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Lumbar Spinal Stenosis

Spinal stenosis, a gradual narrowing of the spinal canal opening, is most often seen in individuals age 50 or older. While it may be seen in young patients, and it may be present in other areas of the spine, the most common location for spinal stenosis is the lumbar or lower region. Stenosis occurs as the passageways in the vertebrae which the nerves travel through narrow. This narrowing can cause pressure on the spinal cord or nerve roots branching off of the spinal cord.

Patients with lumbar spinal stenosis may experience symptoms such as chronic back pain, leg pain, or loss of control over body functions--depending on the specific area affected and the extent of pressure on the nerve roots. Symptoms of lumbar spinal stenosis such as leg weakness, pain, or numbness will often increase with certain activities such as walking.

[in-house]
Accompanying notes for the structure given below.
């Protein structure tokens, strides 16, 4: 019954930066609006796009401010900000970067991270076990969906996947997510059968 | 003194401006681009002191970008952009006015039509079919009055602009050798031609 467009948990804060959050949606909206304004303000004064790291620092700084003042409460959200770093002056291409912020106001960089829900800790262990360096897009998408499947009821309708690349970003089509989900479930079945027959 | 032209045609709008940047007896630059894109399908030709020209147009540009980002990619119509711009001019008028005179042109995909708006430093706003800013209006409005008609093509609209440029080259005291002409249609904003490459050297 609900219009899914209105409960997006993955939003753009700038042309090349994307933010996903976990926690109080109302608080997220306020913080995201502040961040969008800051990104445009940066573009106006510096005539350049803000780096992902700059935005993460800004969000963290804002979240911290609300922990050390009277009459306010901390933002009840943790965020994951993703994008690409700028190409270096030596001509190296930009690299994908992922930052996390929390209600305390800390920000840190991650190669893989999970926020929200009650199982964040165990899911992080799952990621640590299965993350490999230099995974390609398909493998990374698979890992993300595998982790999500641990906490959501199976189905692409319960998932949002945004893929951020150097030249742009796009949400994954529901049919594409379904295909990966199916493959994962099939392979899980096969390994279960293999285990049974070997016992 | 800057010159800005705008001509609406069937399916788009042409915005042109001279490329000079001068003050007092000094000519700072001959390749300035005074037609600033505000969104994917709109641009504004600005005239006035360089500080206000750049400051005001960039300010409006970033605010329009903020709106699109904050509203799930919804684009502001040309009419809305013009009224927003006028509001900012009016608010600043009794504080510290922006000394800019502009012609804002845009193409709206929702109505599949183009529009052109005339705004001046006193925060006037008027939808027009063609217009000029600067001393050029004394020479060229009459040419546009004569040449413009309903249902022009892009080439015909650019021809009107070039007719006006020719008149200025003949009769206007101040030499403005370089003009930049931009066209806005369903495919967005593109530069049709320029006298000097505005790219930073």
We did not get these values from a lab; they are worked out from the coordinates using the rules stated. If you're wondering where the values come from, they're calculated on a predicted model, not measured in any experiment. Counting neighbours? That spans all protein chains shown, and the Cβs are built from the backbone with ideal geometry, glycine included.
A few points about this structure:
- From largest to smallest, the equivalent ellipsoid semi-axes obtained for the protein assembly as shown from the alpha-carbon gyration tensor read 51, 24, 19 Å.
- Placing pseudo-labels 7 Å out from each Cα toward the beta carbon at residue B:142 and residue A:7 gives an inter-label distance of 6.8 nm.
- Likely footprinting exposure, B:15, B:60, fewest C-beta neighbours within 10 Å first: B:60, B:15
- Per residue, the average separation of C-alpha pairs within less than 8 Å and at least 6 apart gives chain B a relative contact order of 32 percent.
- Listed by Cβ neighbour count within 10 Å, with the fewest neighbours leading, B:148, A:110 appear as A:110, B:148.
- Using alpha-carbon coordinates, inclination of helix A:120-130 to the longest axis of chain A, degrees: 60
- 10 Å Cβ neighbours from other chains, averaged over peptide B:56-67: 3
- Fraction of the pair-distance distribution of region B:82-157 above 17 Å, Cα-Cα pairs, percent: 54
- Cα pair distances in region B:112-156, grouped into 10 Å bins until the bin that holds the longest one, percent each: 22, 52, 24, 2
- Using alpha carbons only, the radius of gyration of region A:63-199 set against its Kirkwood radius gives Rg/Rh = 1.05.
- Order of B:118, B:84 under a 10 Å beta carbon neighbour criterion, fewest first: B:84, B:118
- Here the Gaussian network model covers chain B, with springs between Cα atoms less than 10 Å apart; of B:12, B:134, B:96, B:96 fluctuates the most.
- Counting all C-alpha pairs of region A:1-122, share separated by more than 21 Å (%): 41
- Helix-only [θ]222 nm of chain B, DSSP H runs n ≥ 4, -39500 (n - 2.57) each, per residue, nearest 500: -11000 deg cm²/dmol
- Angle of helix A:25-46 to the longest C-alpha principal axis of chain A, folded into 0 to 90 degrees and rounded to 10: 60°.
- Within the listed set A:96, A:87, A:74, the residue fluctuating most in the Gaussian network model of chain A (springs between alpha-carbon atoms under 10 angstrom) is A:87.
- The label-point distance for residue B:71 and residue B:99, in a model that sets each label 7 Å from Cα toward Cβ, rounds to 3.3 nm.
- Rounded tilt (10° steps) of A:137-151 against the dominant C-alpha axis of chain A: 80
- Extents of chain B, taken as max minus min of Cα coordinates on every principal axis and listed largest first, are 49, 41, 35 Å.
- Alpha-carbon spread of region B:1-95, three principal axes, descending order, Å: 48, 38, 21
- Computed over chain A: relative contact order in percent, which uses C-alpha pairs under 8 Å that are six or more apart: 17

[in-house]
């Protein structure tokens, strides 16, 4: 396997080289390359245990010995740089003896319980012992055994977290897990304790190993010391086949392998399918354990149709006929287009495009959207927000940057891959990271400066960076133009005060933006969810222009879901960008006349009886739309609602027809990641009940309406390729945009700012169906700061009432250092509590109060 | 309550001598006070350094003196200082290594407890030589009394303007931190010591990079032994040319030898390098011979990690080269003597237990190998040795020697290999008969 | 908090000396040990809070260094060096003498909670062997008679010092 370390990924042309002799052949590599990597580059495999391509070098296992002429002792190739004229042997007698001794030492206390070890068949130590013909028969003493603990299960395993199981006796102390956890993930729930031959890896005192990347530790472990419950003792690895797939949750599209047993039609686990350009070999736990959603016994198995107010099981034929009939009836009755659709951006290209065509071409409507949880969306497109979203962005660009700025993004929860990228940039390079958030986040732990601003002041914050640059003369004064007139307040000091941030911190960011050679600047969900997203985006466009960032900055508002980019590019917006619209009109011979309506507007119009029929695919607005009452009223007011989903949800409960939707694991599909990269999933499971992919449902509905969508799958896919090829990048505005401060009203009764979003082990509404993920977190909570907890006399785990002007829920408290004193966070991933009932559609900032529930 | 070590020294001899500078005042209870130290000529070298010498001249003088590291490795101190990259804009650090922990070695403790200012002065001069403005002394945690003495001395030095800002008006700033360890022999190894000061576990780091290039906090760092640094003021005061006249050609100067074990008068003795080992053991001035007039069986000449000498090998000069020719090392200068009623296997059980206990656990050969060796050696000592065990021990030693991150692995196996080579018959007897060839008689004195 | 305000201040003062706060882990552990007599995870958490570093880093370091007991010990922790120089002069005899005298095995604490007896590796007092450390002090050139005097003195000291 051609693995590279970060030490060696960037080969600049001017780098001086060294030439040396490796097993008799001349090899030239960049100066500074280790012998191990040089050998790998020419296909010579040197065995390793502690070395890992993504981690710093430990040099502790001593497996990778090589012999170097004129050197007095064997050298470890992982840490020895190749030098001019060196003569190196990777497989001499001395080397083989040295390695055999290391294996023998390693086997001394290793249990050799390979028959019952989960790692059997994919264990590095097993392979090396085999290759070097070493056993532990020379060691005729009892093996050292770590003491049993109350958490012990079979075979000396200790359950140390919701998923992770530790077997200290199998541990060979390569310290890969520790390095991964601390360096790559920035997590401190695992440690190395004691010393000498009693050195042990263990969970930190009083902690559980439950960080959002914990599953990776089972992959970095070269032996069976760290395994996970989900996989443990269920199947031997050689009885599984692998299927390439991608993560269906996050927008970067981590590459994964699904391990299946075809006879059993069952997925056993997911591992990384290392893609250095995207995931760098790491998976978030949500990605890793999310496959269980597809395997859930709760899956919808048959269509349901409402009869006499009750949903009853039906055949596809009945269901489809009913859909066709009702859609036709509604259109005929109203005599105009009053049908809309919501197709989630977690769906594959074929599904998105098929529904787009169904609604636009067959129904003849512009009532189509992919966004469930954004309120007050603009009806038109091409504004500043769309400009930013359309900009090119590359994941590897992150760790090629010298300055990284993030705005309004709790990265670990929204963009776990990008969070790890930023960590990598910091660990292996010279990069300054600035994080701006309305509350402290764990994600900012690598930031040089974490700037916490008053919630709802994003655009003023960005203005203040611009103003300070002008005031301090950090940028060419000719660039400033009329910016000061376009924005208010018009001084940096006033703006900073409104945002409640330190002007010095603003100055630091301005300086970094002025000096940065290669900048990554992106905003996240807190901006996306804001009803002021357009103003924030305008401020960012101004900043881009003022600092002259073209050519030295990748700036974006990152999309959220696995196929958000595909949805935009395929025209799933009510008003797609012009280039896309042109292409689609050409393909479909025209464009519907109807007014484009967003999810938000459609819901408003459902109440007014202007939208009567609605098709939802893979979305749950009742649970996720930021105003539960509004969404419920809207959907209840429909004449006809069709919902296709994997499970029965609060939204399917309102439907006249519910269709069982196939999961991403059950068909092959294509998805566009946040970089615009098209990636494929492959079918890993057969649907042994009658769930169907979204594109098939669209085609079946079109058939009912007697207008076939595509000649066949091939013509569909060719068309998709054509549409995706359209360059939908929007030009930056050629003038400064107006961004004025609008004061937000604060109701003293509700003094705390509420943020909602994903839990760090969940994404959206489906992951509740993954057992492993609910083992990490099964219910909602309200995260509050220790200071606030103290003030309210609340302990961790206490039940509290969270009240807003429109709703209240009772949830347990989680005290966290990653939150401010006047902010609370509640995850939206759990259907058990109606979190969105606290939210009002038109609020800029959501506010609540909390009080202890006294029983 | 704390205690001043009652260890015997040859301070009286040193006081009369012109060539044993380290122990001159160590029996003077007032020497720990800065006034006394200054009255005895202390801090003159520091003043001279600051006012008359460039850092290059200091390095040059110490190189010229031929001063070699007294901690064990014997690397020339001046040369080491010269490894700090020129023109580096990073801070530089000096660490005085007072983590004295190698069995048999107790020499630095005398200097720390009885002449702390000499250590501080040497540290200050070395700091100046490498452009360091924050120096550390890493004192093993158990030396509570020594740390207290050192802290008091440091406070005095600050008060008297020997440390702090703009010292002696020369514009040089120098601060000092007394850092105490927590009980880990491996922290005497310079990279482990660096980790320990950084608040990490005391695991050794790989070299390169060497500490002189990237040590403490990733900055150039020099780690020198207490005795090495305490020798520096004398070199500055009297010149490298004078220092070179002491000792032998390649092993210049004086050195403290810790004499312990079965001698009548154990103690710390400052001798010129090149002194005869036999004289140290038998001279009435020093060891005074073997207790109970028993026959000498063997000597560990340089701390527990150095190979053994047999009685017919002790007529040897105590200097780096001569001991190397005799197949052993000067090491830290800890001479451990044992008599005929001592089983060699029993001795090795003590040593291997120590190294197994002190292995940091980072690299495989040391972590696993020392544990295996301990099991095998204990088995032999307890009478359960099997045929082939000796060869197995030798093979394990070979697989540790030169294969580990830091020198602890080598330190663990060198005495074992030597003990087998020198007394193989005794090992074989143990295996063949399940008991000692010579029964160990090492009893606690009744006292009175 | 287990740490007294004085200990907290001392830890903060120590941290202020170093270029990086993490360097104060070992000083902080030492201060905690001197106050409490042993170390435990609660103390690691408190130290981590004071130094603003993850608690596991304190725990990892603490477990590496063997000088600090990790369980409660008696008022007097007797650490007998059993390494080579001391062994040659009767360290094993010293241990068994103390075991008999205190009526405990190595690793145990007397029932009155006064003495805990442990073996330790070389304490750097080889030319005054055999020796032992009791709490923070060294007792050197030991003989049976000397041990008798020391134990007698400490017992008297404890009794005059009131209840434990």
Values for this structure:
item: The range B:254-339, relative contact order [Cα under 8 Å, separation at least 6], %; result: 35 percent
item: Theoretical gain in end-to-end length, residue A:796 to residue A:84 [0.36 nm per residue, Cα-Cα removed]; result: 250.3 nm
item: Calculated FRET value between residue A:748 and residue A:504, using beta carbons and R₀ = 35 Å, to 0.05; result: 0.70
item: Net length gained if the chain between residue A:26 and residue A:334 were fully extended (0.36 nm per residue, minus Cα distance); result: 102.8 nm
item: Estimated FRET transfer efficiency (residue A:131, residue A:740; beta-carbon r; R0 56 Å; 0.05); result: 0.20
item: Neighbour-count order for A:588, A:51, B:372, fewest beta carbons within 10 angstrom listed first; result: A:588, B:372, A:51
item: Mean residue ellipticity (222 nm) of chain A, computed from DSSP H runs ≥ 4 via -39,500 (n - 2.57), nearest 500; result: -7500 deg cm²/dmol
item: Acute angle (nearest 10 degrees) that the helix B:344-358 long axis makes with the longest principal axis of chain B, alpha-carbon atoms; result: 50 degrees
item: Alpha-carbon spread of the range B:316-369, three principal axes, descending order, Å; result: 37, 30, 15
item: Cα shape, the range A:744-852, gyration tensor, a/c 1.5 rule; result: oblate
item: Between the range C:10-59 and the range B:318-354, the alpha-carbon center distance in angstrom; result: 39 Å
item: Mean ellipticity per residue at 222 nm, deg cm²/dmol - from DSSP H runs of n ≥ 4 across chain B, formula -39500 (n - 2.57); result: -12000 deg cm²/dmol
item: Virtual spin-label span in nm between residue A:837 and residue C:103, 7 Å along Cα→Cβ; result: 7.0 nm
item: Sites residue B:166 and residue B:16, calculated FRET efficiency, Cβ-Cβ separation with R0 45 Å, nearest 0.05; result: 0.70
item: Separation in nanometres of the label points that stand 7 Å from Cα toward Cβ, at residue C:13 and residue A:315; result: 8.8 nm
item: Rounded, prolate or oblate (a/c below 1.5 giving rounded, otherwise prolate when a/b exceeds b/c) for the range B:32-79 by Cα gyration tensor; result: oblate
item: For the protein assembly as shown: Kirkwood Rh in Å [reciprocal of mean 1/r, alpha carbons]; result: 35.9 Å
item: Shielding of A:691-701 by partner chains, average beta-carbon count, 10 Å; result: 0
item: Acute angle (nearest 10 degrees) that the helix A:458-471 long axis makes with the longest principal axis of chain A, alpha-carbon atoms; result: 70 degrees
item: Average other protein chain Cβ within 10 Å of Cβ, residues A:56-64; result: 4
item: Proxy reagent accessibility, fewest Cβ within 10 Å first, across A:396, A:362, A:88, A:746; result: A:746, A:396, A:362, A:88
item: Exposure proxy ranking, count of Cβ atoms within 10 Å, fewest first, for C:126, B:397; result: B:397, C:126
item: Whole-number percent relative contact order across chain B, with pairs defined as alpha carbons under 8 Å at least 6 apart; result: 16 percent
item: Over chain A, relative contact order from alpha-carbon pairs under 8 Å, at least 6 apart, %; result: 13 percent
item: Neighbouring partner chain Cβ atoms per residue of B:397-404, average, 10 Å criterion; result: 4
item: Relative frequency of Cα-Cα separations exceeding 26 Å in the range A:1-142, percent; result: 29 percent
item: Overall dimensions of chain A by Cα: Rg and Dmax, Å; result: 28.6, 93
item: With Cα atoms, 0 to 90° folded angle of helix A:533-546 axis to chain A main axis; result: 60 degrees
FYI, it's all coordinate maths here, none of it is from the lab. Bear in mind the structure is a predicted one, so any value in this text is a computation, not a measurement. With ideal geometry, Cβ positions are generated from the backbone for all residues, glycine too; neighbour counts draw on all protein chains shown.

Diagnosing Lumbar Spinal Stenosis
Diagnosing lumbar spinal stenosis requires ruling out any other conditions that can manifest the same symptoms. This requires an extensive medical history and a thorough physical examination. Tests to confirm or exclude lumbar spinal stenosis may include an X-ray, MRI, CT scan, myelogram, or a bone scan. Once a diagnosis of stenosis is confirmed, the treatment may require surgical intervention.

At The Bonati Institute, the surgery to treat stenosis is performed on an outpatient basis using advanced arthroscopic outpatient procedures. The recovery time is much shorter than traditional open-back surgery, since the small half-inch incision used causes minimal trauma to the surrounding tissues and muscles. In fact, many patients can resume their normal activities within a few days instead of months, which is the typical recovery period of old-fashioned "open" back surgery.

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